Over time these injectors become clogged and get stuck. This means they aren’t depositing the right amount of fuel into the chamber. You’ll want to take your injectors off and rinse them well. The entire process should take a few minutes.
Let Your Vehicle Breathe
When is the last time you checked the air filter? It’s that filter that cleans the air going into your engine. Over time it will become blocked and clogged with debris and dirt.
If it becomes too clogged, then there isn’t enough air getting into your engine. This will cause a decline in the performance of your engine. Go under your hood and take your air filter out.
If you have a high-quality one like a K&N then you can rinse it, let it dry, and reinstall. If yours is a lower quality you’ll have to replace it.
If you’re replacing it, why not upgrade to a better one? It’ll save you money in the long run by only having to wash it.
Do the Morning Full Up
The cooler fuel is, the denser the liquid becomes. This means you should fill up your tank in the morning and you’ll get more bang for your buck at the pump.
Don’t expect miracles, but depending on your tank size and driving habits you can expect anywhere from $5 to $10 a month in savings. That’s $60 to $120 a year.
The reason this works is because gas stations charge not on volume, but on flow rate. The volume gets estimated by the flow rate. The temperature doesn’t change the flow rate, only the density.
Start Planning Your Route
Here’s another reason why you are your own worst enemy when it comes to gas consumption. You need to start planning your errands and your route for the day.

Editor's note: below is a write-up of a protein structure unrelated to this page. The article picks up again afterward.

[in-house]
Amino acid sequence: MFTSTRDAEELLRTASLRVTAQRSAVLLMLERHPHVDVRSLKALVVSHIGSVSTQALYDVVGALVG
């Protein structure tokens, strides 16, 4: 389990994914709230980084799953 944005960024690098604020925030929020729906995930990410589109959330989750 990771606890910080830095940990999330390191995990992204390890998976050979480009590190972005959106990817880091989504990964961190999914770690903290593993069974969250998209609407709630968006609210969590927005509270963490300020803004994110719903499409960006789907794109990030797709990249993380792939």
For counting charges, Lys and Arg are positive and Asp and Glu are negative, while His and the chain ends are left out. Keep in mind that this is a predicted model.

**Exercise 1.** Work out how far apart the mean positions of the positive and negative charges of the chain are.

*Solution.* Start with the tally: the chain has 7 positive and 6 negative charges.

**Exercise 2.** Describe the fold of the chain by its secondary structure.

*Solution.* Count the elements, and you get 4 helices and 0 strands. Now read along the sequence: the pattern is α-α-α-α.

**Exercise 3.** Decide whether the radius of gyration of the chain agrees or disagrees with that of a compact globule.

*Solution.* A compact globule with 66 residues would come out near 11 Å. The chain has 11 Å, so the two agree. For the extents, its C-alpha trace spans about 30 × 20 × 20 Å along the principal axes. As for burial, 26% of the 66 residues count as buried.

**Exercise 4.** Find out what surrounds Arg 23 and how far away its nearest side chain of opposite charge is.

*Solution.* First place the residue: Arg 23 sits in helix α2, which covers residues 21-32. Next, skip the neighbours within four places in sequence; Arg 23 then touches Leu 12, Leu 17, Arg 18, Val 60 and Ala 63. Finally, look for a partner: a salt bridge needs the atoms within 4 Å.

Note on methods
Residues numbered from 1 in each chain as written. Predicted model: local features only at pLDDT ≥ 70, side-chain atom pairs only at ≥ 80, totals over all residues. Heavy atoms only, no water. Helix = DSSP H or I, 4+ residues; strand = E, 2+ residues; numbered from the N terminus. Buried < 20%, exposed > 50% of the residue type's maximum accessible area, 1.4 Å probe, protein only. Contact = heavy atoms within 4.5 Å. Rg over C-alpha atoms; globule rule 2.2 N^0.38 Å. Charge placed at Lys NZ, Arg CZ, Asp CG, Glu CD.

You are wasting gas by running all over town and not creating the most efficient route to all of the places you need to go. Or you could be doing yourself an even bigger disservice by making many individual trips to and from your home.
You use more fuel when you start your engine from cold and then drive somewhere. By making many short spaced out trips, you could end up using almost double the amount of gas as one long planned out trip.
You’re a Gas Saving Pro
Take a look at this list and decide what small changes you can do to start getting better gas mileage out of your vehicle. Remember that you don’t have to make one big change. A lot of small changes will add up to big savings.
If you are like most Americans, just changing your driving habits will show a noticeable change in your fuel economy. Though you shouldn’t stop there.
Knowing how to improve gas mileage will not only save you money on gas, it will also extend the life of your vehicle.
If you want to push your car to the limit, find out how far you can drive once the low fuel light comes on.